CLIMATE

House Democrats narrowing in on cap-and-trade deal

Top House Democrats inched closer to a final deal today on a comprehensive energy and global warming bill but stopped short of promising a floor debate next week.

House Speaker Nancy Pelosi (D-Calif.) and the legislation's principal authors, Energy and Commerce Chairman Henry Waxman (D-Calif.) and Rep. Ed Markey (D-Mass.), worked furiously to resolve differences and line up votes on the climate measure during a series of meetings this afternoon with a top House farm state lawmaker and a handful of Republicans.

"I feel pretty good about it," Pelosi told reporters as she left a meeting with Waxman, Markey and Agriculture Chairman Collin Peterson (D-Minn.).

"We have worked out a lot of the issues, resolved them completely," Waxman added. "I think we had an idea for conceptual understanding that we're now looking at in more detail. And I think we're almost there."

Even Peterson, who yesterday tossed cold water on Waxman's optimistic assessment of the negotiations, sounded upbeat about the chances of a final deal being reached soon. "We got a couple things resolved," Peterson told E&E. "They came up with a new idea that has good possibilities. We're going to take a look now and see if it works."

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Peterson is pressing for a number of changes to the bill approved last month by the Energy and Commerce Committee, including a greater number of allowances for rural electric cooperatives and a larger management role for the Agriculture Department.

The Democrats declined to comment on the specifics of their negotiations and also stayed clear of any guarantee that the climate bill would be ready for the floor before lawmakers break at the end of next week for the Independence Day recess.

Pelosi noted Republican efforts today to delay significant floor action on the fiscal 2010 Commerce-Justice-State Appropriations bill by forcing seven hours of nonstop voting on amendments. "I don't know about that," Pelosi said of the climate bill's timing next week. "You see how the floor is here. I can't speak for that. But we're within range."

Waxman repeated his desire to pass the climate bill before the Fourth of July recess so the House can turn its attention primarily to health care reform. "I don't think we should dismiss the idea of legislation next week," he said.

Meeting with GOP

In anticipation of floor debate, Pelosi, Waxman and Markey tried today to sway moderate Republicans by inviting 11 members for an hourlong meeting to discuss the bill.

GOP members in the meeting included Reps. Frank LoBiondo and Leonard Lance of New Jersey, Mary Bono Mack of California, Vernon Ehlers of Michigan, Mark Kirk and Tim Johnson of Illinois, Peter King of New York, Mike Castle of Delaware, Todd Platts and Jim Gerlach of Pennsylvania and Thomas Petri of Wisconsin.

Several of the Republicans left the session pleased they had a chance to voice their opinions, but it was unclear if the Democrats made any traction.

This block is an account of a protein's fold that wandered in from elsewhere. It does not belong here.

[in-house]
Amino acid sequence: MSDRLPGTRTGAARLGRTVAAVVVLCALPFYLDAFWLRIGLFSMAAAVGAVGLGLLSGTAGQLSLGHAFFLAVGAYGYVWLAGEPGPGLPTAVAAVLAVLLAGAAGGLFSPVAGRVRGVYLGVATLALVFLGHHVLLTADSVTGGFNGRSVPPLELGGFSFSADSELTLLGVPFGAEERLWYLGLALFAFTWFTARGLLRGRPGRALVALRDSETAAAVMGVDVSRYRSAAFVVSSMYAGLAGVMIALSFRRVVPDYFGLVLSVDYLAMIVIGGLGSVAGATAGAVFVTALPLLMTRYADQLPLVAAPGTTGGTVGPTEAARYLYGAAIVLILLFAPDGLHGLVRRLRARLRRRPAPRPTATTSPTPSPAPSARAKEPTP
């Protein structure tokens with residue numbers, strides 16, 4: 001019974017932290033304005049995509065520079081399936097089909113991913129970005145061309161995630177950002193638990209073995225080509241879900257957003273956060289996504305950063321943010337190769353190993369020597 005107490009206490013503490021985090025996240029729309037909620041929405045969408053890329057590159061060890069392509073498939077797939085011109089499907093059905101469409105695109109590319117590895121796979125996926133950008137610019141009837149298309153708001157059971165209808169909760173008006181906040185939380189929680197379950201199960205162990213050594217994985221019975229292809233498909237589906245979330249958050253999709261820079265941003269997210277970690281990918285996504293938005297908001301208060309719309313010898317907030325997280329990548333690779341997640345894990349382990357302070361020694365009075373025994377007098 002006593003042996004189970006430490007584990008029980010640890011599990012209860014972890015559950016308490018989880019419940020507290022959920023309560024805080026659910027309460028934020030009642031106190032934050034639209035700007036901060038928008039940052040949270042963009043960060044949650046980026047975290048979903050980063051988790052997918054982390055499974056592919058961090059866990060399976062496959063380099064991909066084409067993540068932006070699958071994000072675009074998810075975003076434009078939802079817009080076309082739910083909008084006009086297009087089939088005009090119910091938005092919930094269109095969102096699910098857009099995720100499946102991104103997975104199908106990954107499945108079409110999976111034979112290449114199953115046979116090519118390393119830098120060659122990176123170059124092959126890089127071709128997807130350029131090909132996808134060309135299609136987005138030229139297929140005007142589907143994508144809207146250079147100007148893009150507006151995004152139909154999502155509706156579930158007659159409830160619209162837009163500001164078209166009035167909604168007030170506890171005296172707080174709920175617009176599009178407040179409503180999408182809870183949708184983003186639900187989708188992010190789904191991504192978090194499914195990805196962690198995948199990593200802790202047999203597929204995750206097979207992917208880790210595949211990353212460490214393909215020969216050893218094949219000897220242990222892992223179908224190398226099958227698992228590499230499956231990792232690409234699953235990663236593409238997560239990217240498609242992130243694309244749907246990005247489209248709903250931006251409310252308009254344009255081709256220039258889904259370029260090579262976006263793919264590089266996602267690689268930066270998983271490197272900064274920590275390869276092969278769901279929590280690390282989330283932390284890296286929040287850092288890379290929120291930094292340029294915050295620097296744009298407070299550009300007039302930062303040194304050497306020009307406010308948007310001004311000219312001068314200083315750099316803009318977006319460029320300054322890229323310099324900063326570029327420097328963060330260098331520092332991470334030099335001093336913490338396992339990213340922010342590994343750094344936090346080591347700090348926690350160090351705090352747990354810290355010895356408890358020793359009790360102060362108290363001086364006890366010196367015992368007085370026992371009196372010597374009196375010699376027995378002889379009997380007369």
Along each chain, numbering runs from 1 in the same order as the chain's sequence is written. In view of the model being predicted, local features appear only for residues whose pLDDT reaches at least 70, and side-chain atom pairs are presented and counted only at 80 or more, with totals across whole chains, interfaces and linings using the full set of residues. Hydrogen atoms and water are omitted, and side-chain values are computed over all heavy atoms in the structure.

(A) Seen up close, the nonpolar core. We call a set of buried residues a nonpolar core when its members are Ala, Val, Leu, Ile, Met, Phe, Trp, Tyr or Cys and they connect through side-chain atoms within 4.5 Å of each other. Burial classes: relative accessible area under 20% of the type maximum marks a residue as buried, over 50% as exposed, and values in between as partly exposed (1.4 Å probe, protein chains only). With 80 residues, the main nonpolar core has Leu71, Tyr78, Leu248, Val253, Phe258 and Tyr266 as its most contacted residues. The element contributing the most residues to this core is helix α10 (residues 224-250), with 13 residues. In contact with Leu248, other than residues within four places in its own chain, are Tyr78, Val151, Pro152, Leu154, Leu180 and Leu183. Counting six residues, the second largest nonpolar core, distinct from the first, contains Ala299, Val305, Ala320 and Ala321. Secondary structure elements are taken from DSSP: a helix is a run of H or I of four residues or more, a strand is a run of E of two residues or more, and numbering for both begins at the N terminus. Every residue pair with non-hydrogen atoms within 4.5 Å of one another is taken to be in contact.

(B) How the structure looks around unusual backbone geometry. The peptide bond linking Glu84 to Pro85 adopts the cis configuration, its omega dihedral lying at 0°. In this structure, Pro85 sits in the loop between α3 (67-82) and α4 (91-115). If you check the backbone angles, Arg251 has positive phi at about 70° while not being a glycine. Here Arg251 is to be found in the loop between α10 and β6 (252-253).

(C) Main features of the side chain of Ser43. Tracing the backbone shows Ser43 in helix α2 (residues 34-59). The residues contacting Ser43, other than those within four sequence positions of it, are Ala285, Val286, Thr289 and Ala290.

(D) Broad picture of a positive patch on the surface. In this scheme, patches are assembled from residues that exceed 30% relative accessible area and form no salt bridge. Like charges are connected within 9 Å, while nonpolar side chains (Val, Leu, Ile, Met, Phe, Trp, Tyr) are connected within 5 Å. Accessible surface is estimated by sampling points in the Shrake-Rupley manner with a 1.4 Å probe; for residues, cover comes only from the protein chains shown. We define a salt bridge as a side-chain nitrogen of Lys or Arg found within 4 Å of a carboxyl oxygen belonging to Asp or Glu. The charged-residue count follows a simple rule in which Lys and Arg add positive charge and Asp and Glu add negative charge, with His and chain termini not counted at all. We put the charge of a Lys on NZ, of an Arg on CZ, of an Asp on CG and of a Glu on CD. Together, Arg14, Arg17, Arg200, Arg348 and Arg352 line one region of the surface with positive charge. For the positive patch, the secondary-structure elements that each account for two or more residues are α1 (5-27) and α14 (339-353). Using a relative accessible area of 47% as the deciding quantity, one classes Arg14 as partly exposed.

"They don't start talking to us unless they need votes," said Kirk, who pressed during the meeting for an expansion of domestic energy production.

Bono Mack, the lone Republican to vote for the bill in the Energy and Commerce Committee, said she, too, would like to see an expansion of the legislation for nuclear power. "It's my sense they want the flagship label of bipartisanship," she said.

Waxman said the meeting with Republicans was aimed at informing them about what was already in the legislation and the deals approved by industrial-state Democrats that likely address their concerns. "This was an opportunity to discuss it, to educate them and get them to see it from our perspective, and hopefully, that will bring them along," he said.

Asked about adding language to the legislation that expands energy production, Pelosi cited passage earlier this week of such a proposal in the Senate Energy and Natural Resources Committee. "It's part of the Senate bill," she said. "It's something that will probably be done at some point; whether it's part of this bill or not remains to be seen."

As for floor timing, even some of the Democrats who support the climate bill are coming down on the side of a less aggressive floor schedule.

"This is one of the most significant pieces of legislation to hit the floor since the civil rights bills of the 1960s," said Rep. Emanuel Cleaver (D-Mo.), a member of the Pelosi-created Select Committee on Energy Independence and Global Warming. "I don't think there's any value in trying to rush it through. The value can only be in getting it improved and implemented."

Cleaver said he would "absolutely" vote for the House bill, though he also wants to see Waxman make changes that address employment in minority communities. And he said those issues have been raised with Waxman during meetings with the Congressional Hispanic Caucus and the Congressional Black Caucus.

The Obama administration is also engaged in the House debate, with White House Council on Environmental Quality adviser Van Jones visiting last week with the Congressional Black Caucus.

"The White House is dispatching any of their people upon request and trying to make sure no group is left out," Cleaver said.

Other Democrats are pressing leaders to keep the momentum going with a floor debate next week.

"It's the same reason you go to dunk after a fast break, to get it done," said Rep. Jay Inslee (D-Wash.).

Reporters Allison Winter and Eric Bontrager contributed.

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